SOCW 6070 Wk 9 PEER responses Peer names then response separately to each peer provided
Read a selection of your colleagues’ posts.
Compare and contrast the key elements of grant writing identified in your and your colleague’s post.
Provide a constructive critique of your colleague’s ideas for demonstrating a positive and measurable effect to a funder.
Provide recommendations to find funding sources for this proposal.
RE: Discussion 1 – Week 9
Key Elements on Grant Writing
Grants are “institutional gifts that permit recipients to pursue activities of their own design within the purposes set by the funder” (Lauffer, 2011). Grant writing is an in-depth explanation of why the recipient believes the funds should be allotted to the specific organization. Per Candid (n.d.), there are four key elements on typical grant writing:
An executive summary
The narrative will include; “statement of need, project description, organization information, and conclusion” (Candid, n.d.). When writing the grant proposal, one should think about how to impress the funder by explicitly stating what the need is and how it will be accomplished.
Description of the Grant Proposal Selected/Improvements Explanations
Due to the website of sample grants being unavailable, I was unable to view sample grants. Therefore, I am unable to complete this section of the discussion post.
Candid. (n.d.) Introduction to proposal writing [Video file]. Retrieved from https://learning.candid/org/training/introduction-to-proposal-writing-2/
Lauffer, A. (2011). Understanding your social agency (3rd ed.). Washington, DC: Sage.
RE: Discussion 1 – Week 9
Grant writing emphasizes the outcome of a program and predicts plans and funds to provide services while advocating towards a need of a particular service. According to Nelson and Ruffalo (2017), there are four key elements to grant writing, “motivations, interests, partnerships, and actions. First, exploring and examine “why” helps pave the way for the grant writing process. Having motivation as an examiner on an issue or area when writing a grant can help impact a community long-term. Knowing what you want to do and why a grant is needed is essential. Secondly, when the grant writer and the associated partners have a settlement and awareness of the topic, the “what” the next step requires a literature search. Asking the question of what is the area of focus help fulfill the desires, the gap towards the interest in gathering information. Identifying the topic on what to write a grant about should start with an idea (p. 240). Thirdly, having supportive, qualified partners is important on the grant writing team who “recognizes a need for an initiative, desire to collaborate with other entities and commits to the project to completion” builds a more noble team to work with an aim towards achievement. Lastly, to move the idea forward, a grant writer distinguishes which category his topic falls in and how the community will benefit from the project and funding.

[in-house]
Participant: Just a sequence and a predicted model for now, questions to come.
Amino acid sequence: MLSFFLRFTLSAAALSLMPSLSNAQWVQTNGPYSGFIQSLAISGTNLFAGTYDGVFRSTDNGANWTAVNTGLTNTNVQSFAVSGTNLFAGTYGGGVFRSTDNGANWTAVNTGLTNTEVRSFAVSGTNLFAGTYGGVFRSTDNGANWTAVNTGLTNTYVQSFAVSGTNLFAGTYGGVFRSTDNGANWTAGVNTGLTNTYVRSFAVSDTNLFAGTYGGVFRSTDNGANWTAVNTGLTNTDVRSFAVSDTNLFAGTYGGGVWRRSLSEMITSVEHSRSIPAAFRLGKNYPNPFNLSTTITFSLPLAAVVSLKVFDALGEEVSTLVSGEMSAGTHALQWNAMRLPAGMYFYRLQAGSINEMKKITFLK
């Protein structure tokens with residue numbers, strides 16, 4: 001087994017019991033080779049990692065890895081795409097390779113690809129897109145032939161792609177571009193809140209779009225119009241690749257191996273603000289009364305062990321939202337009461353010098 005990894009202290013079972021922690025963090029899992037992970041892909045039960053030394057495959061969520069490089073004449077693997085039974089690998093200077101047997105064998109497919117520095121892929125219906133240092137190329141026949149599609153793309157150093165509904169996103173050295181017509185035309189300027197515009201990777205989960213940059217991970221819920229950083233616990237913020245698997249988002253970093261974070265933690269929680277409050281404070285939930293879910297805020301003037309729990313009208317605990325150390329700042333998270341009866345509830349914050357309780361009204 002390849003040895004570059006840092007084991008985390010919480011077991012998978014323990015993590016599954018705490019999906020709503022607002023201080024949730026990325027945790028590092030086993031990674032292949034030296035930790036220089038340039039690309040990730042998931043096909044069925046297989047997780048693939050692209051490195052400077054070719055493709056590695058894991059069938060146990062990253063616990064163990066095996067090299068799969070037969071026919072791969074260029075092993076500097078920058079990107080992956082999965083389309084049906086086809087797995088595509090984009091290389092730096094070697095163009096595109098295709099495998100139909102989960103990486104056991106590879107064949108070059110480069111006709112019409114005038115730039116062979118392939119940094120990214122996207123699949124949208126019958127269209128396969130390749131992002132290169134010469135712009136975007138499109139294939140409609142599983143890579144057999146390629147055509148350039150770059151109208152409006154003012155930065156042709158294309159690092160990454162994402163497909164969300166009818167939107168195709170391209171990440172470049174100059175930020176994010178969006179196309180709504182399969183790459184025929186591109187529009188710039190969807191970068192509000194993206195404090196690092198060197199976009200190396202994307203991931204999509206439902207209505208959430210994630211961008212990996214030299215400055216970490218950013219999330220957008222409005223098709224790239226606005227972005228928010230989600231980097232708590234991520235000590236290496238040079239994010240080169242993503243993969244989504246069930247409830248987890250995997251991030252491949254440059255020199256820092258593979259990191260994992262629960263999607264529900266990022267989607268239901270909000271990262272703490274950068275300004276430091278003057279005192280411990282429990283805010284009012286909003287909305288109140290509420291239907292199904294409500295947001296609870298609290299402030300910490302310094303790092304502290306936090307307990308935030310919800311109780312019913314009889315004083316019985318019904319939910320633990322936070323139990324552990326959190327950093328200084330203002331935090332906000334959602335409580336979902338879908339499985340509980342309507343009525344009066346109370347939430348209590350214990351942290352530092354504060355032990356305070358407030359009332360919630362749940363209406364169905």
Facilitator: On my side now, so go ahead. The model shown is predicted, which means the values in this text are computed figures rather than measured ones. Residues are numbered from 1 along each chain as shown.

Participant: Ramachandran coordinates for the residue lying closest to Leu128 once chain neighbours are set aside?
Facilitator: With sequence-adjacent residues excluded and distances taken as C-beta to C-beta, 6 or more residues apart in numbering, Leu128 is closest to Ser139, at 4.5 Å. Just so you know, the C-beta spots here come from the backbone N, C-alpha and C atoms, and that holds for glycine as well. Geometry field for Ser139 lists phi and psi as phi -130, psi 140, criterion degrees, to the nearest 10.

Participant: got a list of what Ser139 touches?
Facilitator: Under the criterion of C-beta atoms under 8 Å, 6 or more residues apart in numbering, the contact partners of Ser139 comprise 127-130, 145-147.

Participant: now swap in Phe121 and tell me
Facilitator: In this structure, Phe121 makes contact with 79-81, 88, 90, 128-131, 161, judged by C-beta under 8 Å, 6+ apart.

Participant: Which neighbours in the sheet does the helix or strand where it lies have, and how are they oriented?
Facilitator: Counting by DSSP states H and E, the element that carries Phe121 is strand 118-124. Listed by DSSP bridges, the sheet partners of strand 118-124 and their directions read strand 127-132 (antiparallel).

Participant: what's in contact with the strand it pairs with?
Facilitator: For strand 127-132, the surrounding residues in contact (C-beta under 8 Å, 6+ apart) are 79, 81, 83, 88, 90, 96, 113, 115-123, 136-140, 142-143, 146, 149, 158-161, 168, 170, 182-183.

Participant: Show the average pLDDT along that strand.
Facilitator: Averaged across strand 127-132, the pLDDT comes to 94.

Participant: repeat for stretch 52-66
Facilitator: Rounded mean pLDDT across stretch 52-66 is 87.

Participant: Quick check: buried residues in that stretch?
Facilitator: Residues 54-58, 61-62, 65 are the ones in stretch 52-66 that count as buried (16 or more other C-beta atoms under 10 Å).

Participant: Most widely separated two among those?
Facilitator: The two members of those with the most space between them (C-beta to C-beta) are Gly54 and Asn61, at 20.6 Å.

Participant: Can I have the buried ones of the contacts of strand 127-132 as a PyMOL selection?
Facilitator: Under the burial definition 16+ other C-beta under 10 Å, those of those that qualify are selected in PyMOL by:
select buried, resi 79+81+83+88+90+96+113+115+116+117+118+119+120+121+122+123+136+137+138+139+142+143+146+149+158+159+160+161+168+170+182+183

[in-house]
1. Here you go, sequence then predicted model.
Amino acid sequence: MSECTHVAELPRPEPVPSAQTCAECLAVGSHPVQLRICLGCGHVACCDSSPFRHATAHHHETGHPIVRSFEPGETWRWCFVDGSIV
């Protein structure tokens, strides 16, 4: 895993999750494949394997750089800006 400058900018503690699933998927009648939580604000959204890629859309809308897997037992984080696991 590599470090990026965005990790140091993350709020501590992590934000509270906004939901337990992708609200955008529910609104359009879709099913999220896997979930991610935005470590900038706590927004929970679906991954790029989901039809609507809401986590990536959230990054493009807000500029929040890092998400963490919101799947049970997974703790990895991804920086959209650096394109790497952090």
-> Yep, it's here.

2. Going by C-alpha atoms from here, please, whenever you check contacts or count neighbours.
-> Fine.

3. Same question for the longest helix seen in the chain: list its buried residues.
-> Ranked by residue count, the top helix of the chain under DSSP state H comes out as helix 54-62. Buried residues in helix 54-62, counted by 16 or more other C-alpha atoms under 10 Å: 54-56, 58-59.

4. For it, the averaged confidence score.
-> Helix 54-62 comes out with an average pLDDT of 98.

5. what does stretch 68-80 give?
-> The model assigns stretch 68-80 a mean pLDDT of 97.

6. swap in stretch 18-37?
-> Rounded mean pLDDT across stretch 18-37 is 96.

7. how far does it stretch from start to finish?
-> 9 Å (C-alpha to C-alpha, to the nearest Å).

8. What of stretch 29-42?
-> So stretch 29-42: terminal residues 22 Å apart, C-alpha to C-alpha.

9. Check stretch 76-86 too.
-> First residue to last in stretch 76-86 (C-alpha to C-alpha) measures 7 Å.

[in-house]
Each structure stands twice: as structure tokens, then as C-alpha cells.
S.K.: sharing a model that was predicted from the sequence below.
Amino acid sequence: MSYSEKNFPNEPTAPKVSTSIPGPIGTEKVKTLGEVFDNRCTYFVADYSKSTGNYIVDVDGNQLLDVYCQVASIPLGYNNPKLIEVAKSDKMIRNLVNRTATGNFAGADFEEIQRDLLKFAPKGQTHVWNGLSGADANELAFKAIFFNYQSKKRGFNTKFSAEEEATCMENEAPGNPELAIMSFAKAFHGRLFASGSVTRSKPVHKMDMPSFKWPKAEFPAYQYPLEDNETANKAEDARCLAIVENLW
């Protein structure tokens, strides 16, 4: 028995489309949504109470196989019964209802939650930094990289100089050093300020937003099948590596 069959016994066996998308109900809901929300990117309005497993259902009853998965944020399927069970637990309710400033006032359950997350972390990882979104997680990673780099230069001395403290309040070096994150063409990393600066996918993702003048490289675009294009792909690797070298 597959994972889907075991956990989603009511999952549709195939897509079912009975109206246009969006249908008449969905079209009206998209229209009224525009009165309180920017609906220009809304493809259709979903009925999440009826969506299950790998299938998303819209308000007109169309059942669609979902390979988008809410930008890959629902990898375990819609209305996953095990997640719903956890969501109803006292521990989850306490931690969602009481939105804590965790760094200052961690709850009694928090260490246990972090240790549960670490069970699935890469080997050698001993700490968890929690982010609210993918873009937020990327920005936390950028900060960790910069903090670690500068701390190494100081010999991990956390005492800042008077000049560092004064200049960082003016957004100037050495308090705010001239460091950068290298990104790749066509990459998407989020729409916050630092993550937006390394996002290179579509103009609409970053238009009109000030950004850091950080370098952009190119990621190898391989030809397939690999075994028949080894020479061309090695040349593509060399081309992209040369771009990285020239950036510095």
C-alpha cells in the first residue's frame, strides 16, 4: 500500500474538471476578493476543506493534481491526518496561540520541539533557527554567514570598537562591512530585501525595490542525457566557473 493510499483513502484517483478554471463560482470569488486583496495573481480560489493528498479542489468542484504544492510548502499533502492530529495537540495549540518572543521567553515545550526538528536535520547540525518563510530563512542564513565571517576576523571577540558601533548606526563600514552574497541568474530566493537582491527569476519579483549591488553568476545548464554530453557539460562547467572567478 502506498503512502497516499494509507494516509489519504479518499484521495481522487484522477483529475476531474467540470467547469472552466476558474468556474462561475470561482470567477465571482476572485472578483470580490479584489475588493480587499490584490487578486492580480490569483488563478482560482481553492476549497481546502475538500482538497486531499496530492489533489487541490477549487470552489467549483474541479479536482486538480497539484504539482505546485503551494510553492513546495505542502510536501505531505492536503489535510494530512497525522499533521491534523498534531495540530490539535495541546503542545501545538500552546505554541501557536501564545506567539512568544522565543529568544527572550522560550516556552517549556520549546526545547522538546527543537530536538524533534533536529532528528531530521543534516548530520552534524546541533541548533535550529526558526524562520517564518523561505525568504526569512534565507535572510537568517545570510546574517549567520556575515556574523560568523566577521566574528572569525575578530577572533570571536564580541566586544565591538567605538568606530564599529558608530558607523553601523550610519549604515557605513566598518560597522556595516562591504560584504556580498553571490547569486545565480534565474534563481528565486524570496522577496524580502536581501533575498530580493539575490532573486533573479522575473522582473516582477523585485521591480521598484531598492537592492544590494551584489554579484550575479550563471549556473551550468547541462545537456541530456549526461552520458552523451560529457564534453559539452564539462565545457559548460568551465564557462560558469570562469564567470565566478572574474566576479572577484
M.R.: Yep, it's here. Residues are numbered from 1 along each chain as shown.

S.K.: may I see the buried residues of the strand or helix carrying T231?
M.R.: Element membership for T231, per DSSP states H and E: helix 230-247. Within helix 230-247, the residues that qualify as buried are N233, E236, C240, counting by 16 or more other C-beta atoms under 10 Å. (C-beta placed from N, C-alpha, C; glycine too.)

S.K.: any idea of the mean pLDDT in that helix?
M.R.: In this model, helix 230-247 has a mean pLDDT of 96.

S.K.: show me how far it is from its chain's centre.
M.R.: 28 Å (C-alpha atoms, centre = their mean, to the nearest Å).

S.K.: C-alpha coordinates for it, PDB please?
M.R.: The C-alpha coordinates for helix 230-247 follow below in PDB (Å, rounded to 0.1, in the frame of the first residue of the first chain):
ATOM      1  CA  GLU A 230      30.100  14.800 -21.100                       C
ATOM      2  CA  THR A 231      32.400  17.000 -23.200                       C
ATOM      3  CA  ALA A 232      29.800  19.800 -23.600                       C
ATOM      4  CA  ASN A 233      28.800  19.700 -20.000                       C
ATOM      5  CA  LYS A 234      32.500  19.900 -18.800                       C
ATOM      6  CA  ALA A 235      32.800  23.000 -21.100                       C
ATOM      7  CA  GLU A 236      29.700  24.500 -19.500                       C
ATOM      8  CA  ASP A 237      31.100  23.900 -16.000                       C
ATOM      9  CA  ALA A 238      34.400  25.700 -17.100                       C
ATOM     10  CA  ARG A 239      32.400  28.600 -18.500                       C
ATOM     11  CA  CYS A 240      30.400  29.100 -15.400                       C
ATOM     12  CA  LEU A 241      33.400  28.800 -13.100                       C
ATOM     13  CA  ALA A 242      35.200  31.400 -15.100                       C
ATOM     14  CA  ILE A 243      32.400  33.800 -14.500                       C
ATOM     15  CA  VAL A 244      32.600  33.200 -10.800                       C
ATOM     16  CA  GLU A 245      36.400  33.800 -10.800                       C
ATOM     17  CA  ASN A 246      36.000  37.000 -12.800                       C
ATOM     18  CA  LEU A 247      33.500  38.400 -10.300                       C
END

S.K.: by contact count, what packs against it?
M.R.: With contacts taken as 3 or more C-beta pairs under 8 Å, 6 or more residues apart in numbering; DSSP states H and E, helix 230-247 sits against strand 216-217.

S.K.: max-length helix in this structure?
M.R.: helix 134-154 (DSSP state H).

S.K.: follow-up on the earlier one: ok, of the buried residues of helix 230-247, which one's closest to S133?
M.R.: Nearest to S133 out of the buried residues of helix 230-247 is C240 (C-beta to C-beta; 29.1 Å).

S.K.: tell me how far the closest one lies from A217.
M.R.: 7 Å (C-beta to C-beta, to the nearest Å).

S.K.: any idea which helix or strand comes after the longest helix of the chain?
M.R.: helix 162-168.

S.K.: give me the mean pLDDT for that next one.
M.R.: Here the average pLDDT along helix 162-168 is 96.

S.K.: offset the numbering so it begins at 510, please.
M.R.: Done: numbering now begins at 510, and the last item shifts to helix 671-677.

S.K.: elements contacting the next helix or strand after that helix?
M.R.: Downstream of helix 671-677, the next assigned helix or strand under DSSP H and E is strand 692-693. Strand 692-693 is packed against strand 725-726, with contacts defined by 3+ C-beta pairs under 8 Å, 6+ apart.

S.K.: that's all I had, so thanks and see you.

With Implementing these four steps 1. Why write grants (motivations)? 2. What is the area of focus? (interests) 3. Whom should be on the project? (partnerships)? 4. How to move forward? (actions)? According to Nelson and Ruffalo (2017), these steps can “facilitate potential projects from idea formation to grant writing and grant submission” (p. 238).
A brief description of the grant proposal and an explanation of how to improve the grant proposals are not available due to the website’s malfunction.
Nelson, D., & Ruffalo, L. (2017). Grant writing: Moving from generating ideas to applying to grants that matter. The International Journal of Psychiatry in Medicine, 52(3), 236–244. https://doi.org/10.1177/0091217417730287